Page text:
I also kind of like how he got the last name Wagner.  At least originally.  I’m not sure if Marvel ever retconned the whole thing where Mystique was married to Baron Christian Wagner and had an affair with Azazel, which later lead to Kurt’s conception, and that being where Kurt got his last name despite not being the baron’s biological son.  Originally, Kurt took on the last name Wagner because of a priest to housed him after Margali released him and he was being pursued.  Father Wagner gave Kurt a place to stay, despite Kurt’s “demonic” appearance.  This is also where Kurt’s teleporting would come into effect as he would use it when Herr Getmann’s men came for him.  He did end up leaving the church, but Kurt didn’t forget the priest’s kindness, taking on the last name Wagner in his honor.  

As for what Kurt represents, I feel he fits into a few different categories.  I’ve mentioned how he represents good people rising up from bad situations, which is one thing he can represent.  Something else he represents is how people shouldn’t judge things based on how they appear.  The old Never Judge a Book by It’s Cover saying if you will.  He might look evil/demonic, but is one of the most kind hearted and saintly people out there.  That’s something that also makes his friendship with Logan great and so symbolic.  Both of them are considered monsters in some way, externally (Kurt) or internally (Logan).  Yet, both are also human.  Logan has gone onto say how Kurt is one of the most saintly guys he’s met, and Kurt, despite knowing how gruesome his job can be, sees the good in Logan and knows that he’s not an animal or evil.

One other thing I feel Kurt represents, and this could just be me, is irony.  He’s a “demon” yet he’s Catholic.  He’s morally good, while his parents would be considered morally bad (though Mystique could be morally grey given she isn’t purely evil and has helped her children).  Both of which I feel perfectly define what irony is.  

Reading Between the Lines: Comics I’ve Read and Comics I Own

I own a handful of X-Men comics.  Some solo series, some with the team.  Nightcrawler has a few solo series: Age of X-Men: The Amazing Nightcrawler, X-Men Icons: Nightcrawler, a four issue mini series, and two twelve solo series in 2003 and 2014.  Of his solo pieces, I own the 2003 and 2014.  I haven’t started them yet, but I have skimmed through both. 

As far as X-Men comics with Nightcrawler as a central character, I’ve read and own several.  Of course there is the X-Men run in the 70’s, starting with Giant Sized X-Men #1 by Chris Claremont.  That run, which does go on for several years, is recommended by quite a few people who want to start X-Men comics.  It’s a classic and a good place for a start.  I don’t own any of the Claremont run, but I do have a list of issues that I’d like to purchase one day.  A few other series I’ve read through in their entirety include X-Men Gold, Extraordinary X-Men.  I’ve read some of Wolverine’s 2003 run, some of Wolverine’s first solo, Second Coming, the story where Nightcrawler dies, and one volume of Chuck Austen’s Uncanny X-Men.  Specifically the Trial of Juggernaut volume since it had the notoriously bad story, The Draco, which I only read after I learned about Kurt’s father through the First Class movie and his appearance in Amazing X-Men volume one (the one where Nightcrawler is brought back to life).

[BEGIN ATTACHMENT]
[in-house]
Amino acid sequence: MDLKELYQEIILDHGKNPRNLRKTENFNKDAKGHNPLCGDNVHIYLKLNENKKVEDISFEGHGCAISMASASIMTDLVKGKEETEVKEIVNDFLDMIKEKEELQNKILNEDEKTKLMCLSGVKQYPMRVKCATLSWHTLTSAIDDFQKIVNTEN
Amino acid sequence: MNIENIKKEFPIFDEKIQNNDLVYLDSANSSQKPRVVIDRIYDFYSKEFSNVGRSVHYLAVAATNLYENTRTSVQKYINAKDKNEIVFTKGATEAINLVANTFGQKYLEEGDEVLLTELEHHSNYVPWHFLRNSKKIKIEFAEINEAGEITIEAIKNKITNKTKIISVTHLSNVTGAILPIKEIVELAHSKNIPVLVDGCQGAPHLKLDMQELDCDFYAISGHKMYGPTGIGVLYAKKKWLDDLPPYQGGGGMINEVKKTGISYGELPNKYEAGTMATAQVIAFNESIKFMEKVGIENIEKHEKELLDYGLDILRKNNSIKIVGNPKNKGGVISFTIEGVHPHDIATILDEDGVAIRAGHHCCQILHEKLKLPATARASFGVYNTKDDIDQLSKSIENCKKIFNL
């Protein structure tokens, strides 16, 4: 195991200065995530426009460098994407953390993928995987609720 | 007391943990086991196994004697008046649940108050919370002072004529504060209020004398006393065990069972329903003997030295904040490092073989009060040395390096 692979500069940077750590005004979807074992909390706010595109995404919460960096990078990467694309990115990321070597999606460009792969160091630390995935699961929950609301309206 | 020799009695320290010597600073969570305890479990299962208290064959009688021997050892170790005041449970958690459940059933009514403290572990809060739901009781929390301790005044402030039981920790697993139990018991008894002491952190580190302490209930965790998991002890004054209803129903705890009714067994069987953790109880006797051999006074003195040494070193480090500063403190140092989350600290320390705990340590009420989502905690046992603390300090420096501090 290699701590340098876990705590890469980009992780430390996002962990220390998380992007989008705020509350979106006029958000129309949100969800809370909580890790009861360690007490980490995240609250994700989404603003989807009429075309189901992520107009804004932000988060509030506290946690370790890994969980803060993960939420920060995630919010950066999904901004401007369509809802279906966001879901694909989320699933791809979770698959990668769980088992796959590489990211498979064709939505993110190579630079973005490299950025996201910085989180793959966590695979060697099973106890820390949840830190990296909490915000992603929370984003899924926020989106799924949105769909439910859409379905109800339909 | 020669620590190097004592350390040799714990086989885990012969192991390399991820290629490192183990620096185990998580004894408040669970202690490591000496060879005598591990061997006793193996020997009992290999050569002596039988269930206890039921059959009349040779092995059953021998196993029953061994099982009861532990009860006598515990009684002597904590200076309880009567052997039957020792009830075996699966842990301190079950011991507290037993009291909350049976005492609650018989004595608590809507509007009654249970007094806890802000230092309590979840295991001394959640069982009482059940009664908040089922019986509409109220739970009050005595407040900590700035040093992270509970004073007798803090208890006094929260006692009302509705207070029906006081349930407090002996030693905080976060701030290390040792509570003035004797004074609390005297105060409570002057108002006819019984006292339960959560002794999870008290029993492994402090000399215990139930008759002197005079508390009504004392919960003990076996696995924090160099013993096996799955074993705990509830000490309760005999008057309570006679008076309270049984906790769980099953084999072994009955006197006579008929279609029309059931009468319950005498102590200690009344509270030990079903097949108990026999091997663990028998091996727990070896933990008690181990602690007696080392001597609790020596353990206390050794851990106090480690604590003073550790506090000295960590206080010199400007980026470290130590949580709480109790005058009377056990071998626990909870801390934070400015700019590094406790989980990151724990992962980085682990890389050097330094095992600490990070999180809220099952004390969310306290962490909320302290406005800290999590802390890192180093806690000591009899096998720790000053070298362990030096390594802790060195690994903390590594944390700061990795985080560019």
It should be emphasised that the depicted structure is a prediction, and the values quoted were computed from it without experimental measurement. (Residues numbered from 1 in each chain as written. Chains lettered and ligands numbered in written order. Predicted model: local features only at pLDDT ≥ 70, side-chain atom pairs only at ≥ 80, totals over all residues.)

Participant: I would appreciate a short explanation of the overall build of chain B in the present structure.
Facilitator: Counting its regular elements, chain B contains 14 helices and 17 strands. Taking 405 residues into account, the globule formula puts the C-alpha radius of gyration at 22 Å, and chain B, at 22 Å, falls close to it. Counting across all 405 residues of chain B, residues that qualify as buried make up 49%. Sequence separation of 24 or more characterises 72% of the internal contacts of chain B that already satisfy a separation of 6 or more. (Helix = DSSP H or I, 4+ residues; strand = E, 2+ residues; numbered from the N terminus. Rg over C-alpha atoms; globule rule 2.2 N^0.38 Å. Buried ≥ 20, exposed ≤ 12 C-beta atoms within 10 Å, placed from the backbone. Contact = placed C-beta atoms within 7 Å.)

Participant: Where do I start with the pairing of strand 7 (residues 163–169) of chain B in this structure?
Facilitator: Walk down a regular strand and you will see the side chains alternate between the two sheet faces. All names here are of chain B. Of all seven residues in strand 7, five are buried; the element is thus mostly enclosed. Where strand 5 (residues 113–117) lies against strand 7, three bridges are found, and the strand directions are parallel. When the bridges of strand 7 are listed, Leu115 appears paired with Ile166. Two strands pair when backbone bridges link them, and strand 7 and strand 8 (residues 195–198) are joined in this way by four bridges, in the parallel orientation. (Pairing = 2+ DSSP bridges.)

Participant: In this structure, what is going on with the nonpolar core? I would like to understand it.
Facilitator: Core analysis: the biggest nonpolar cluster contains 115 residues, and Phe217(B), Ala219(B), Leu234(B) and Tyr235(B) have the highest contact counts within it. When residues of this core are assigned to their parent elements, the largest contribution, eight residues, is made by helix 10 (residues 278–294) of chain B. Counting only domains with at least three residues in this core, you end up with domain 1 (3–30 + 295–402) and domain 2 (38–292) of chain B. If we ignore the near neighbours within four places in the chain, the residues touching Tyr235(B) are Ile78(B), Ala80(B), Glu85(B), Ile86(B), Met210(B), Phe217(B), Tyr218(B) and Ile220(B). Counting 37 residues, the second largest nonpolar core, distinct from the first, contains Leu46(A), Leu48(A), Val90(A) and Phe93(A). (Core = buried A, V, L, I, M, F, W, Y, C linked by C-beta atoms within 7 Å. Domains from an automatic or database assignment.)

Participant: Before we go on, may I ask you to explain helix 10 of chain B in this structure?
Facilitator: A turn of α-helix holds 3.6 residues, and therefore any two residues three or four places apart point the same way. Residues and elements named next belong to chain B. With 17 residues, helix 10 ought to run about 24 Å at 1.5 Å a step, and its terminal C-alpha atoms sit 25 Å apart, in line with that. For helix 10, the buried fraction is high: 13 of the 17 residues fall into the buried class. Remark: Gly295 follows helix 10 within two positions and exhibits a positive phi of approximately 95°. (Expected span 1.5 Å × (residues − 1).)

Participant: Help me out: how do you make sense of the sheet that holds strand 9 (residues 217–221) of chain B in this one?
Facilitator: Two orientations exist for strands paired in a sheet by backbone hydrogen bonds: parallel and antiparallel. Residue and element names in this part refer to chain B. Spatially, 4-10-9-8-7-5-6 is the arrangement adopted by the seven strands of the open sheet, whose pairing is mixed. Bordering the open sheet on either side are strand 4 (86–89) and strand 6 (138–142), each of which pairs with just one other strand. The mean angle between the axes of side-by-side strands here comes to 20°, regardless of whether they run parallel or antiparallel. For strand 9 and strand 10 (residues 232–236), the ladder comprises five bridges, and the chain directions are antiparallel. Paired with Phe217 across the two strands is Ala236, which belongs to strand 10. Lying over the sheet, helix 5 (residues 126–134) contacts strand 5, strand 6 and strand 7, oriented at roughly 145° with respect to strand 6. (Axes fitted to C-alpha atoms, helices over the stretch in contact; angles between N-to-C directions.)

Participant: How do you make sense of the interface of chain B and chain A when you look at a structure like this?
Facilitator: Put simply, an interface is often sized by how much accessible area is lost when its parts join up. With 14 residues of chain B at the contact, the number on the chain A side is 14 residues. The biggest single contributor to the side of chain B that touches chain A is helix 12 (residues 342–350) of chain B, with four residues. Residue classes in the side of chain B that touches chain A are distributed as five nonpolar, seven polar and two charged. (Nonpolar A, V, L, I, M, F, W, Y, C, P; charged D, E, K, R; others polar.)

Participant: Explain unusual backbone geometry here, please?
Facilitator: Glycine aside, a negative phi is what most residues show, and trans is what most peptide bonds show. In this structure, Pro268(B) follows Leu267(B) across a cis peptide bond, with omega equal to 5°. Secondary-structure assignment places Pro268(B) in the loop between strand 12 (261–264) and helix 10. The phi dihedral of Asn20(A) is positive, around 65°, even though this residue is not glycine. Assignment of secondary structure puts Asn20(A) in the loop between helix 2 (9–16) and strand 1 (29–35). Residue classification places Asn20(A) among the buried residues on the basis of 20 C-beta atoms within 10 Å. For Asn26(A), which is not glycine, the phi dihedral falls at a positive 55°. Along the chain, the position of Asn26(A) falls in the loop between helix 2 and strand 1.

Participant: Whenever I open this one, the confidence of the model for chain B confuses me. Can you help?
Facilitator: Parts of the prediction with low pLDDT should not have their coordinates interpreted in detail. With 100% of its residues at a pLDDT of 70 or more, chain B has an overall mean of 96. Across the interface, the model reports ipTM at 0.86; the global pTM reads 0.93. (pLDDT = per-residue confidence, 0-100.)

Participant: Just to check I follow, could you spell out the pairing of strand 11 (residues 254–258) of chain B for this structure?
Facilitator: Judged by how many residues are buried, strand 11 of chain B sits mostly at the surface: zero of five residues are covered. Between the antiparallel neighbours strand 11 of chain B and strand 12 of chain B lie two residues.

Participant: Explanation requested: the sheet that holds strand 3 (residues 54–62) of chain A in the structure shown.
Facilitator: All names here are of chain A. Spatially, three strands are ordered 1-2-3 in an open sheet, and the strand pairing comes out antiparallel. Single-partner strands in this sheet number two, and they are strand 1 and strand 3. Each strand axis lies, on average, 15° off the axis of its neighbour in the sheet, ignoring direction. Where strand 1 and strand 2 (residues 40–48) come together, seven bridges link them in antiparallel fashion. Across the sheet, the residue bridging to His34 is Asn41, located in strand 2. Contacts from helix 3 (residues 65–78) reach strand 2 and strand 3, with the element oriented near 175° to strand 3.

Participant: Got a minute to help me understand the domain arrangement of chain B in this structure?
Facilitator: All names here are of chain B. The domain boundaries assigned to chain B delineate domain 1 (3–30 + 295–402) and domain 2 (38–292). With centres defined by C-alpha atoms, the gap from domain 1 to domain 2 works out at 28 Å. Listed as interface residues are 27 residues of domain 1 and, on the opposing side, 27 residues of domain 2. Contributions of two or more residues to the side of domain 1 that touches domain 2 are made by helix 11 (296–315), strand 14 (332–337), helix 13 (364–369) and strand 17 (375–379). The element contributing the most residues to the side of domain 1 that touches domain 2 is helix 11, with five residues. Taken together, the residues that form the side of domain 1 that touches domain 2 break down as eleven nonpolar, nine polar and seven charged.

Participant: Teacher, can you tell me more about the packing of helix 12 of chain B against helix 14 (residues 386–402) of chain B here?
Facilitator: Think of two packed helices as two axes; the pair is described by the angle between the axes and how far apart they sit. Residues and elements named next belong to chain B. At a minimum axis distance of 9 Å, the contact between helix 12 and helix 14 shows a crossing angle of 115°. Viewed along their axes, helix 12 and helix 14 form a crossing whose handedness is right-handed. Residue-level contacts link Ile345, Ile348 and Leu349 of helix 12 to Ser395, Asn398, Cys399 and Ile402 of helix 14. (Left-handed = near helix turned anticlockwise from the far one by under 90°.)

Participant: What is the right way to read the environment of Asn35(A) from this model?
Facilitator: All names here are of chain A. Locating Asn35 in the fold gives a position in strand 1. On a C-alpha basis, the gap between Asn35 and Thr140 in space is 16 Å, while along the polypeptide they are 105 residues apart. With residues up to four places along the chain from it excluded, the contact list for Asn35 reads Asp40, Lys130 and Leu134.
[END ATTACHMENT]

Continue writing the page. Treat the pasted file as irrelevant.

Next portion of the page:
I like Azazel, and don’t mind him as Kurt’s father.  It’s a bit of an unpopular opinion, but that’s okay.  I was going to read The Draco either way because I wanted to see how bad it was.  But since I liked Azazel in his other appearances, The Draco didn’t tarnish it much, outside of thinking that the story could have been a whole lot better.

A few other comics I own, but have yet to start, include House of M, Inferno, Giant-Sized X-Men volume #1 (2020), Way of X, X-Men (2020) volume one, Amazing X-Men volume 1 The Quest for Nightcrawler, The Hellfire Gala, Wolverine (2020) volumes 1-3, The Death of Wolverine, The Return of Wolverine, Wolverine: Weapon X the Gallery Edition, and Wolverine the Deluxe Edition.  I might be missing one or two, but those are the ones I know I own.  Nightcrawler also appears in a number of them.

I would certainly say that my collection is very Nightcrawler and Wolverine involved.  Yes, the broader X-Men comics do have the rest of the X-Men, but if there was a pattern, that would be it.  Which is by no means a problem.  Everyone reads comics a bit differently.  I will certainly read a series if it interests me, but I also like reading comics with my favorite characters.  It’s a reader by reader basis.

While I would recommend all of these, if you are looking for Nightcrawler reads, I would recommend: Claremont’s run starting with Giant-Sized X-Men #1, Nightcrawler (2003), Wolverine by Greg Rucka #6, for both a great story with Logan and Kurt and a gem of a censor passing cover, Second Coming, Amazing X-Men, Nightcrawler (2014), House of M, X-Men Gold, X-Men (2020), Giant-Sized X-Men (2020), Return of Wolverine, Way of X, and Inferno.  There are more out there, I am still working my way through X-Men comics. 

And as for movies, I’d recommend X2, X-Men Apocalypse, and X-Men Dark Phoenix.  I know the last one is considered more of a miss, just like the Dark Phoenix adaptation before it (The Last Stand), but thought I would include it.

BAMF: The Conclusion

Though not X-Men’s most popular member, Nightcrawler is one that is generally liked.  For me, a combination of his personality, backstory, adaptations, and what he symbolically represents is what I enjoy.  I also really enjoy his friendship with Logan.  I hope you enjoyed this little deep dive into why I like Kurt Wagner.  

Now I leave you with the following.  What are your thoughts on Nightcrawler?  What are your favorite adaptations of Nightcrawler?  Favorite stories?  Who’s your favorite X-Men member?